Friday, August 14, 2015

Remembering MP Ranjan

Afternoon on Sunday 9th August when I received the terrible news from a friend, there was a sudden void and emptiness. Moments flashed as memories and it was difficult to accept the fact that the always smiling Ranjan is not amongst us anymore. Life is so fragile and unpredictable.
But life goes on…

Photo Credits: Unknown 

My interaction with Ranjan was limited but that little has been significant enough.  

In 2006, when I joined NID as a PG Textile student, we had a 2 week DCC (Design Concepts and Concerns) class with Ranjan. That time I was kind of confused and disoriented about its relevance. Now, 9 years later I realize that how his teachings have developed me as a designer and made magic to me as a human being.

Later in 2009, Ranjan was in the Research & Publication panel at NID to review a craft research that I was working on. The feedback he gave me then, is a feedback that I give myself for every new project I work on. A holistic approach, multidimensional thinking, relativity of various methods, necessity and consequences of decisions, social and ecological impact etc. are some ways in which Ranjan’s teachings helped me evolve as a designer.

Ranjan – a design thinker and believer, a teacher, an encyclopedia within himself - was, is and will always be an inspiration. He will be missed by the entire design fraternity.

Here I think of few lines by Khalil Gibran on teaching:

The teacher who walks in the shadow of the temple, among his followers, gives not of his wisdom but rather of his faith and his lovingness.
If he is indeed wise he does not bid you enter the house of his wisdom, but rather leads you to the threshold of your own mind. 

Friday, August 7, 2015

Know your Paithani, Dear Maushi

Dear Maushi,

This letter has long been pending and I thought today being the first National Handloom Day is an appropriate day to write. Thank you to GOI for marking such a day!

Firstly, I must tell you that you really boast my ego when you send pictures of your recently developed art and craft products or newly bought saree for my review! I feel that my little enthusiasm for textiles has seeped into the family as well. It is a nice feeling!

About a month back you shared some images of a Paithani saree you were gifted. Thank God it was a gift and you did not spend your earnings into that fake Paithani! But I feel depressed about the whole scenario that the person who bought it had no knowledge that she is buying a fake one and moreover the person who sold it is also unknown or has misguided purposely.  I know it is very difficult for a lay man to know the difference between the authentic and fake especially in the market today where there is a duplicate of almost everything. Polyester is sold as silk, print is sold as ikat and a jacquard is sold as paithani!

This is not Paithani!
Photographs sent on whats app by Mihir. 

I remember ajji’s paithani that you have. What a beauty she is! The fine interlacing of silk and pure gold… indeed a rate treasure!

As you know the most promising part in a paithani is its pallu decorated with motifs of peacocks, parrots, lotus’ amongst others and peacock being the most favourite. It will also be nice to know and acknowledge the tedious labour involved in the making of it, the skilled craftsmanship and the tradition which has seen centuries turn by.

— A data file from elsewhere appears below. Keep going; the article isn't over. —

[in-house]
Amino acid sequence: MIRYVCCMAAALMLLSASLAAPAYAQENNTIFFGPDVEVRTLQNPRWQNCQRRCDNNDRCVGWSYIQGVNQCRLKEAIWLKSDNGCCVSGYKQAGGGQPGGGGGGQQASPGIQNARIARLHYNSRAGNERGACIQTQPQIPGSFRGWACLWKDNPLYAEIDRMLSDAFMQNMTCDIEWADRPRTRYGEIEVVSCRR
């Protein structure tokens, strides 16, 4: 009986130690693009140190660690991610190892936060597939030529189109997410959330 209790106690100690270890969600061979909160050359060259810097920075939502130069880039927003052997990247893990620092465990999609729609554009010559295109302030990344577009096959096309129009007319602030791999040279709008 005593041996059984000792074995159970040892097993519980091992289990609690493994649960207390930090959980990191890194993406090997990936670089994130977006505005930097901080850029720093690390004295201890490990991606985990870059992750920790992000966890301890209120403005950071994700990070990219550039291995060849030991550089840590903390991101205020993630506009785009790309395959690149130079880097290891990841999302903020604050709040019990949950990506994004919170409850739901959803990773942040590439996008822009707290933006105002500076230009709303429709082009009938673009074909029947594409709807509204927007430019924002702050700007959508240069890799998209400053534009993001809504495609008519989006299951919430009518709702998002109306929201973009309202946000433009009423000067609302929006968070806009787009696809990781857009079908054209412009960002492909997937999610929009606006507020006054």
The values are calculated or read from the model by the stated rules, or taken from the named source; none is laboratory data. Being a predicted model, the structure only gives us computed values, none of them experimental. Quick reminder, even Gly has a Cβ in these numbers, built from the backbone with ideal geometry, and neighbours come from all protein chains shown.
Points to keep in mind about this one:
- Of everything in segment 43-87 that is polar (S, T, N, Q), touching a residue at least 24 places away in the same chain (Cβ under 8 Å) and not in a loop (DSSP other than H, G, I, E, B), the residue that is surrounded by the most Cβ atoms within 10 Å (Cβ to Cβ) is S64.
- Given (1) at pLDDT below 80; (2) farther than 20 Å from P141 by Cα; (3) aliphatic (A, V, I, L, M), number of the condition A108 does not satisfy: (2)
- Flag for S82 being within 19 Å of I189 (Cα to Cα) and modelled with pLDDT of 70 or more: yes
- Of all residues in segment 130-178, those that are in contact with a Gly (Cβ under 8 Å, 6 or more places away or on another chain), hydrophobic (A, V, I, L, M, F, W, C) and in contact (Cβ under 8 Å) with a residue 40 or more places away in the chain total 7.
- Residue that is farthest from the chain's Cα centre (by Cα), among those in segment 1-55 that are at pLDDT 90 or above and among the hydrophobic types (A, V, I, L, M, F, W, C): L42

Here are some pictures of making of the paithani, though these make no justice until the process is described in detail. But I do not intend to convert this letter into a thesis on Paithani!


 Photographs by Haris Pathirikodan at Aurangabad, Maharashtra

Unlike the rosogulla that is going through a debate on whether the GI rights are to be claimed by West Bengal or Orissa, the Maharashtrian Paithani has received its GI rights long back in 2010. These rights not only confirm the geographical area but also the historical origin, appropriate process of making and uniqueness of the craft.

The weaving of a paithani is such that it can be woven only on a handloom and not on a power loom.  It is difficult to give a brief explanation. So here are some basic specifics by which you can identify an authentic paithani:

1.     The motifs on the pallu have same color on the front and back side
2.     The pallu is a flat and even surface. No variation in thickness.
3.     No threads at the back side of the pallu are cut.

Traditionally, a paithani sari has motifs woven on the border and pallu both.  Keeping in mind affordability, revisions have been made where the motifs appear only on the pallu.

When you buy a traditional handloom saree, you not just buy a piece of cloth; you invest in the age old heritage of India and you sustain the second largest employment sector of our country. Isn’t that a wonderful feeling already?

Hope this letter inspires you enough to share the idea of identifying, buying  and using authentic traditional handwoven textiles.

Ending this letter with a poem by the weaver-poet Kabir

Weaving Your Name

I weave your name on the loom of my mind,
To make my garment when you come to me.
My loom has ten thousand threads
To make my garment when you come to me.
The sun and moon watch while I weave your name;
The sun and moon hear while I count your name.
These are the wages I get by day and night
To deposit in the lotus bank of my heart.

I weave your name on the loom of my mind
To clean and soften ten thousand threads
And to comb the twists and knots of my thoughts.
No more shall I weave a garment of pain.
For you have come to me, drawn by my weaving,
Ceaselessly weaving your name on the loom of my mind.